According to Section 6 of the Married Women’s Property Act (MWPA) of 1874, the benefits of an insurance policy of a married man is directed towards his wife, or his wife and his children alone. In any case, the benefits are not to be transferred to the control of the husband or to his creditors which protects the rights of the policy holder’s wife over the benefits of the insurance.
The clearly goes on to state that any insurance policy taken by a married man on his own life and categorised under the MWPA in favour of his wife and children will always be their property. The policy holder or any of his creditors will not have any right or control over the property or the benefits of the insurance policy whatsoever.
Insurance endorsed under MWPA will also exclude the husband’s parents from claiming the benefits of the insurance which strips them of the right to claim. As a matter of fact, the husband (policy holder) himself will not have any right over his own survival benefits of the insurance policy, if there are any. According to the MWPA Act, as long as any one of the beneficiaries declared in the policy is alive, no one else has the right to claim the benefit of the same.
This way, the Married Women’s Property Act provides a method in which a policy holder who is a married man ensures that his immediate family named in the policy is protected without having to create a separate deed or a trust. The MWPA, by default, creates a trust with the beneficiaries of the policy as trustees without a formal trust and also protects the family of the policy holder from his creditors or anybody else for that matter.
The first and last intention of getting a life insurance is to help the next of kin financially after the policy holder’s demise, so that their lives are not left unsupported. The purpose of securing the family members’ lives is not complete till the benefits reach them and not a third party. That way, the family is supported financially with the sum assured from the policy till they figure out another source of income to compensate their bread winner’s income.
In case of regular life insurances, the proceeds or benefits of the policy can be claimed by the policy holder’s creditors if the insured owes them money or even by their legal heirs. The rights of those who are yet to receive their money back from the deceased supersedes that of the beneficial nominees.
One can buy an life insurance policy under MWPA to avoid such situations where the creditors claim the benefits of the policy and the family is left with nothing. Section 6 of the MWPA provides special protection of the policy holder’s wife and children and entitles them to the proceeds of the policy. This way, the family is also benefitted and the creditors cant prey on the money that is supposed to family of the supposed.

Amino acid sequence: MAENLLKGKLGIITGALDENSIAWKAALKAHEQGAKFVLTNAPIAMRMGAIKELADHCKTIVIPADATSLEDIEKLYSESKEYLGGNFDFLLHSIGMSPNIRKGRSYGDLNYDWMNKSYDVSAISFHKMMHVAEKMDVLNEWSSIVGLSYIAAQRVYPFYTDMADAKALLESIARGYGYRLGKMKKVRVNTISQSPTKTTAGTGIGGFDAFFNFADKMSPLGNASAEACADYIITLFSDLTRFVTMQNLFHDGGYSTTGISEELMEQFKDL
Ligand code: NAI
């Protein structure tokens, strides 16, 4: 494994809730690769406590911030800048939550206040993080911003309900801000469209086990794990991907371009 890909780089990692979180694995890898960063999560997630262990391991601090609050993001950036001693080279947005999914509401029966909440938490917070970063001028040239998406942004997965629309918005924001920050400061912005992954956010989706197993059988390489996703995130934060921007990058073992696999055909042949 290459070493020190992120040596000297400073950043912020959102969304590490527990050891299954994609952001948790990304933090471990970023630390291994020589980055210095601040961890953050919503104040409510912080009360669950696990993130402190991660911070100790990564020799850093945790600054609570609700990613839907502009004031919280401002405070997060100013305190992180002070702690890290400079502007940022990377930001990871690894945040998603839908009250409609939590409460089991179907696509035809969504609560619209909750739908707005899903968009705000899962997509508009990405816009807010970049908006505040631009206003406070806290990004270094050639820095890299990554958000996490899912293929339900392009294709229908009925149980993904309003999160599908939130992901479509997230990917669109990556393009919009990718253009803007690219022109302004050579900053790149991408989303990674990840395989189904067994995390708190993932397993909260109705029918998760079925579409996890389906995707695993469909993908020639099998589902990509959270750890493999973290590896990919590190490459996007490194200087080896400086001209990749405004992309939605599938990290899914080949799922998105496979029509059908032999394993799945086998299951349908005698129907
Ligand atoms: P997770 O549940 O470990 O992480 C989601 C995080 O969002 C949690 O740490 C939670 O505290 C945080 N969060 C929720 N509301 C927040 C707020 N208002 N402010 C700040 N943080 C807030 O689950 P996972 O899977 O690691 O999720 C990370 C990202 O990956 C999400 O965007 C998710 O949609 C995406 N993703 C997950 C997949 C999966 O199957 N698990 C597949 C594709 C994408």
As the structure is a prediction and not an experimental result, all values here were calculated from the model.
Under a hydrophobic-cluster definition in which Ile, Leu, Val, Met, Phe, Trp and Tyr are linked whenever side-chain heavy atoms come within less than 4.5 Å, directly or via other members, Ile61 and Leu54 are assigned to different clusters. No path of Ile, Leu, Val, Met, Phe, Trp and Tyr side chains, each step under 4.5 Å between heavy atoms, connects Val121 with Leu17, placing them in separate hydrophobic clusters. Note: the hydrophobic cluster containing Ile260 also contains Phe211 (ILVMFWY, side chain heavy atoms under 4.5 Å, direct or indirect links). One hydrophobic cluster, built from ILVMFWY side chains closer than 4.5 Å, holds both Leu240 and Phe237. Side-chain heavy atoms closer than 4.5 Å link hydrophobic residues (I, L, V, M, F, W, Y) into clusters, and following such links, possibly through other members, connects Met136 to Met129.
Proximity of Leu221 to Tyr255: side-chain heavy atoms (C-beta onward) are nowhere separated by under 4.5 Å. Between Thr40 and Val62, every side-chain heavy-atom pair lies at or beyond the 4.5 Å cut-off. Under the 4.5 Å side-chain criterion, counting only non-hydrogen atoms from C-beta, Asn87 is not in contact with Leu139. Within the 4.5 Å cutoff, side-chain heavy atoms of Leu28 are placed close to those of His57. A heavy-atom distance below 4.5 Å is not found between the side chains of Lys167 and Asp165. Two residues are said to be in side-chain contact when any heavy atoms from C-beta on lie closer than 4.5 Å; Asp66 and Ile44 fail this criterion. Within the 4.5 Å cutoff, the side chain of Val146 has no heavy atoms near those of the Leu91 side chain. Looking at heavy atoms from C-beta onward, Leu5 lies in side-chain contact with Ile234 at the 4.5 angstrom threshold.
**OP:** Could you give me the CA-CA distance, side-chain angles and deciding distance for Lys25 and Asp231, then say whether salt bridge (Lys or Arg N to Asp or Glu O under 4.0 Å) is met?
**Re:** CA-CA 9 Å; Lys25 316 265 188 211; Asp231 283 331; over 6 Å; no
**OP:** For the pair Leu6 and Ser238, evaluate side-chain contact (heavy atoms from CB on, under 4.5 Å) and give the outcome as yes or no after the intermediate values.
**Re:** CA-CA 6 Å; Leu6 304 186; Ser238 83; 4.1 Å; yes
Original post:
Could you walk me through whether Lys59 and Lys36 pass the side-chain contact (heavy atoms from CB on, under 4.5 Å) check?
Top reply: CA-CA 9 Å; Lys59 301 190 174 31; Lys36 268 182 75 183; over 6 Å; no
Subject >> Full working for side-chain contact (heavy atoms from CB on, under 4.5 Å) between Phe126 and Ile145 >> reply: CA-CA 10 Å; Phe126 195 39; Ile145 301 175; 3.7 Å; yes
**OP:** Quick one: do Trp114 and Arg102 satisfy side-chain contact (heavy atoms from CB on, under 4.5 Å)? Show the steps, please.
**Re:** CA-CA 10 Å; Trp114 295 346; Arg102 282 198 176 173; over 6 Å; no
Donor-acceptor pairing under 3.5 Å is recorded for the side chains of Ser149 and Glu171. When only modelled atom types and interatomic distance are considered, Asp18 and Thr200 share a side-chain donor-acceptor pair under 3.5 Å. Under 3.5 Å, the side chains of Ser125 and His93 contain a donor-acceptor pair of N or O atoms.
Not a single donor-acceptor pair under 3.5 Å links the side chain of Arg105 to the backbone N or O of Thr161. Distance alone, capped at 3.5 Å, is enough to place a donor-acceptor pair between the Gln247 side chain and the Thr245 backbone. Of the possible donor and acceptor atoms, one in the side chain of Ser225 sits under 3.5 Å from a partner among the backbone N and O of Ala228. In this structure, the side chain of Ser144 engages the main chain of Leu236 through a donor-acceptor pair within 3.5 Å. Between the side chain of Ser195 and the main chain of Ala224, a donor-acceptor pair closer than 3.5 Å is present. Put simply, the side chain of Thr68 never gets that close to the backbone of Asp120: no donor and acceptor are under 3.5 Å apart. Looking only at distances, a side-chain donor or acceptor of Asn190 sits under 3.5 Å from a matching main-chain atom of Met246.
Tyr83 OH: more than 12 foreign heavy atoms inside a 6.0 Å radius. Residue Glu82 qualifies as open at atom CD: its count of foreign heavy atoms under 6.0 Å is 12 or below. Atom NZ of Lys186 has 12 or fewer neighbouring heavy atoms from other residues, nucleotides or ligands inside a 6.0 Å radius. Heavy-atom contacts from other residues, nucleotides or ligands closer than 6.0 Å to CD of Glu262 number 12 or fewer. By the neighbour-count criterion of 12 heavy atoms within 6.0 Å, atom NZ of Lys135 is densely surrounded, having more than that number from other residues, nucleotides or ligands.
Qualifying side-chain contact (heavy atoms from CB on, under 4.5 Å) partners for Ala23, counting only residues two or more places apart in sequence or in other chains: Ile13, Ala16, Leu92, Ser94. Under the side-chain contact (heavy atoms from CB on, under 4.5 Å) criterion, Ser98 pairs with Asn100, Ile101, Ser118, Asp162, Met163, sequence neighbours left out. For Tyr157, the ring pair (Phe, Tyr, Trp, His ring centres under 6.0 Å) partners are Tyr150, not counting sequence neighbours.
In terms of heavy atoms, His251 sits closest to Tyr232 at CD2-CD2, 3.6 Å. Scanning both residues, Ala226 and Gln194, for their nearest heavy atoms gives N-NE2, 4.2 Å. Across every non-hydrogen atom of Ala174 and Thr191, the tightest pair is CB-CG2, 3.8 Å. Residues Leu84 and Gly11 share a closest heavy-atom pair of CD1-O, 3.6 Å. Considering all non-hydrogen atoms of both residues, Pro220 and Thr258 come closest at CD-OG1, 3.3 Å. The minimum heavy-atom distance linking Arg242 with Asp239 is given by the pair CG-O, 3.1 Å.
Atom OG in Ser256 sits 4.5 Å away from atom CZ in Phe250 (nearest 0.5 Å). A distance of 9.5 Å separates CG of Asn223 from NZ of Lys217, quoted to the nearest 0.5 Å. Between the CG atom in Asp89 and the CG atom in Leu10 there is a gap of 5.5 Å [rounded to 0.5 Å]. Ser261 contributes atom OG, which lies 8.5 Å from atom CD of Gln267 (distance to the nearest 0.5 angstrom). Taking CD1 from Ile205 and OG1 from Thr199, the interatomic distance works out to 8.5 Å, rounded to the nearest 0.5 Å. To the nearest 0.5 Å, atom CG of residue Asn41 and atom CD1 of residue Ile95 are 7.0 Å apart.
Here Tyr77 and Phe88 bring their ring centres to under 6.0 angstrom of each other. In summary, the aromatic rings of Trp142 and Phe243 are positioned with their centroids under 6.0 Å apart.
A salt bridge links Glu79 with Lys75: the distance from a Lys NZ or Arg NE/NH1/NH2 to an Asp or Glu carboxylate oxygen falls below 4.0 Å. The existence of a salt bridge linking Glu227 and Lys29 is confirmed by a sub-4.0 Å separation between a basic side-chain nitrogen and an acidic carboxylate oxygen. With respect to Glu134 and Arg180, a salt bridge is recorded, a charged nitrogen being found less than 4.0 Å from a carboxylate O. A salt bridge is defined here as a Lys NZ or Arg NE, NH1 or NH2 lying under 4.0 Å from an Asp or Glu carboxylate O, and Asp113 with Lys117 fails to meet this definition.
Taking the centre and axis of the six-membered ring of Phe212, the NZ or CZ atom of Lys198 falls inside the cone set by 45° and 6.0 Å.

Any man who is married and is residing in India (except Jammy and Kashmir) is entitled to avail benefits of MWPA. The term ‘Married Man’ includes a widower and also a divorcee. He has the option of naming his children as beneficiaries if he wishes.
This act only allows a man’s wife and children to be beneficiaries and consequently, no other member of the family is allowed to claim the benefits of the policy.
Insurance policies endorsed under this act will have the beneficiaries declared at the time of registering the policy. This reduces the confusion or legal hassles after the policy holder’s demise. Under this act, only the wife and children can be declared as beneficiaries.
Any married woman living in a joint family can make sure the proceeds of the policy are directed towards and not give chance to any other family member to claim the benefits after the policy holder’s demise. This will protect her future and that of her children’s.
In case of the policy taken under MWPA is a cash value policy which has maturity or survival benefits, even then the benefits of the policy will be handed over to the wife. The beneficiaries declared in the policy will receive the benefits, irrespective of the type of policy. In case of other regular life insurance which are not endorsed under MWPA, the proceeds of the policy will be handed over to the policy holder and not to the beneficiaries.
The process begins by simply filling in a Married Women’s Property Addendum at the time of buying the insurance. This can be done without formally creating a trust or a deed separately. Further, insurance under this act will not allow even the policy holder to make changes to the beneficiaries of the policy later on.